After a conference the German Interior Minister, Thomas de Maizière, announced that radical Islamists should be hindered to travel to war zones in order to join Jihad. This should be achieved by substituting the original ID card with a document which does not allow for exit. Indirectly, the ministry is also addressing the issue of Jihad fighters returning from Iraq/Syria and becoming a potential threat for the German society in general. Rolf Jäger, chairperson of the Interior Minister’s Conference, emphasized on the double strategy of repression and prevention needed in order to stop radicalization. In relation to this Heiko Maaß, Federal Minister of Justice, suggested to tighten law regulations concerning two significant points: Firstly, people should be held accountable when funding terrorism and secondly, people should be held accountable for already leaving Germany in the attempt to pursue an act of violence as well as receive any training in this regard (there is no legal punishment for both within the given legal framework). Members of the Christian Democratic Union criticized this proposal as one not going far enough and thereby inadequate. The Union argued that the proposal should also include the mere promotion of a terrorist organization such as ISIS/ISIL. Meanwhile, the interior ministry of Bavaria has deported the Salafist Erhan A. to Turkey, after his endorsement of ISIS/ISIL, its ideological framework as well as the beheadings.

The FBI Is Trying To Recruit Muslims As Snitches By Putting Them On No-Fly Lists

April 22, 2014

 

Awais Sajjad, a lawful permanent U.S. resident living in the New York area, learned he was on the no-fly list in September 2012 after he tried to board a flight to Pakistan at John F. Kennedy International Airport and was turned back.

At the airport, FBI agents questioned Sajjad, a Muslim, before releasing him. But they later returned with an offer. In exchange for working for them, the FBI could provide him with U.S. citizenship and compensation. The FBI, the agents reminded Sajjad, also had the power to decide who was on the no-fly list.

When he refused, the FBI agents “kept him on the list in order to pressure and coerce Mr. Sajjad to sacrifice his constitutionally-protected rights,” according to an amended lawsuit filed Tuesday in federal court in New York.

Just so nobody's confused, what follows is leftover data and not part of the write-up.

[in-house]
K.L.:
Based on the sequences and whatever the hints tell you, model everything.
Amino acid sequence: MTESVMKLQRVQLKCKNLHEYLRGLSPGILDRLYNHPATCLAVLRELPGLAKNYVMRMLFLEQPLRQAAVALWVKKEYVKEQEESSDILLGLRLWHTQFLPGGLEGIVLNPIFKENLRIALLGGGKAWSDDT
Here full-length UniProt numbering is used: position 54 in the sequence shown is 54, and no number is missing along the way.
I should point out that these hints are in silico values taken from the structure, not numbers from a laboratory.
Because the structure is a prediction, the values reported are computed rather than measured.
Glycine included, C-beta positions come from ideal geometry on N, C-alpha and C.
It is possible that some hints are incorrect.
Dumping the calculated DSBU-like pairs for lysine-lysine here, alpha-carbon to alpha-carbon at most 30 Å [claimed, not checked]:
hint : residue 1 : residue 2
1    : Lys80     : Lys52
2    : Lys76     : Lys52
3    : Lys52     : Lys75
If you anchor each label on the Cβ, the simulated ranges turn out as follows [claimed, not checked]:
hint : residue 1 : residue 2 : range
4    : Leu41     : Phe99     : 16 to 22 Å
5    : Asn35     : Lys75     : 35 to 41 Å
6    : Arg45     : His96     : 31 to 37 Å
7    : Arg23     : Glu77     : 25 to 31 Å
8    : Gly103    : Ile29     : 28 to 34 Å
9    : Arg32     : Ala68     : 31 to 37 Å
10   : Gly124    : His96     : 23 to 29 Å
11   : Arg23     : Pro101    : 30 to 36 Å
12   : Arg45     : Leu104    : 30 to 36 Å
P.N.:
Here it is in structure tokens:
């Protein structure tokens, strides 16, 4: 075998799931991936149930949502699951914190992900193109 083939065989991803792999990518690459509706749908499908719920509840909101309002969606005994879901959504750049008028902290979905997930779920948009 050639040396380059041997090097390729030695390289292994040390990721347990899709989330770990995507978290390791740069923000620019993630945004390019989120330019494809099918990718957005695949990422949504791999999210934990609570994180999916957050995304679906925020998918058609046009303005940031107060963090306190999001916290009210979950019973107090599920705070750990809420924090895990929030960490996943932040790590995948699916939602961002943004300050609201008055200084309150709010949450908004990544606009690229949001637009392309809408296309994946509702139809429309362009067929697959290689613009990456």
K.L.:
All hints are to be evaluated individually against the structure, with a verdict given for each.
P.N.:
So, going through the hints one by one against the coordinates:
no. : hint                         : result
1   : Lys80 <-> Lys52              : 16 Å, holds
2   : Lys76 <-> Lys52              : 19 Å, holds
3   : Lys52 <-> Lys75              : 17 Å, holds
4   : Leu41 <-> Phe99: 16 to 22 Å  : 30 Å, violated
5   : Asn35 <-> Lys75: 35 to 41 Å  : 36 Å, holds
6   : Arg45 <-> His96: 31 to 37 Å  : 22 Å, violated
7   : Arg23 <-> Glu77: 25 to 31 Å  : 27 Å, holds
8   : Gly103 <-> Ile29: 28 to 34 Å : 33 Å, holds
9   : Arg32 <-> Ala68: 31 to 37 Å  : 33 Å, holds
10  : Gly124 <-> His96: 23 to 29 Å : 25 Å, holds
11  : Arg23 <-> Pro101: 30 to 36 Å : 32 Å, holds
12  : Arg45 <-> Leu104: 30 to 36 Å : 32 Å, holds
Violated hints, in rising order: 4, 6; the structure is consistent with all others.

The lawsuit, filed on behalf of Sajjad and three other men, accuses the United States of violating their rights by placing or keeping them on the no-fly list after they declined to spy on local Muslim communities in New York, New Jersey and Nebraska.

“The no-fly list is supposed to be about ensuring aviation safety, but the FBI is using it to force innocent people to become informants,” said Ramzi Kassem, associate professor of law at the City University of New York. “The practice borders on extortion.”

The Creating Law Enforcement Accountability & Responsibility project, which Kassem supervises, and the Center for Constitutional Rights filed suit on behalf of the men.

In the case of; Dr Rahinah Ibrahim, who is not a national security threat.

It took a lawsuit that has stretched for eight years for the feds to yield that admission. It is one answer in a case that opened up many more questions: How did an innocent Malaysian architectural scholar remain on a terrorism no fly-list—effectively branded a terrorist—for years after a FBI paperwork screw up put her there? The answer to that question, to paraphrase a particularly hawkish former Secretary of Defense, may be unknowable.

Last week, there was a depressing development in the case. A judge’s decision was made public and it revealed that the White House has created at least one “secret exception” to the legal standard that federal authorities use to place people on such lists. This should trouble anyone who cares about niggling things like legal due process or the US Constitution. No one is clear what the exception is, because it’s secret—duh—meaning government is basically placing people on terror watchlists that can ruin their lives without explaining why or how they landed on those lists in the first place.

Ibrahim’s attorney, Elizabeth Pipkin, said she can’t say for sure how the authorities first became interested in her client. “That was speculation on our part,” she said. “The sad thing is, even after eight years of litigation, we weren’t able to get to the bottom of what was the underlying information that lead an FBI agent to her door and brought this whole thing about.”

But as great as a “Feds Suck at Googling” headline would be, it could be even more simple and ridiculous. According to one judge, an FBI agent made a basic paperwork error by filling out the form the opposite way from the instructions: ticking the lists she thought Ibrahim should not be on rather than the ones that she should. That screw up might be to blame for turning eight years of her life into a hellish pit of litigation.

In 2007, a Justice Department audit found that the “management of the watchlist continues to have weaknesses” and that the department needed “to further improve its efforts for ensuring the accuracy of the watchlist records.”

U.S. citizens have also been stranded abroad and never told why they couldn’t fly home. Yahye Wehelie, who was raised in Fairfax County, couldn’t leave Egypt for weeks in 2010; he was stopped in Cairo on his way to Yemen to find a wife.

In a previous interview with The Washington Post, Wehelie said FBI agents asked him if he was willing to inform on the Muslim community in his area when he got home.

Washington Post: http://www.washingtonpost.com/world/national-security/lawsuit-alleges-fbi-is-using-no-fly-list-to-force-muslims-to-become-informants/2014/04/22/1a62f566-ca27-11e3-a75e-463587891b57_story.html

Vice.com: http://www.vice.com/read/no-fly-list-rahinah-ibrahim-danny-mcdonald?utm_source=vicefbus

Trial begins in legal challenge to no-fly list

December 2, 2013

 

SAN FRANCISCO — An eight-year legal odyssey by a Malaysian university professor to clear her name from the U.S. government’s no-fly list went to trial on Monday in federal court in San Francisco.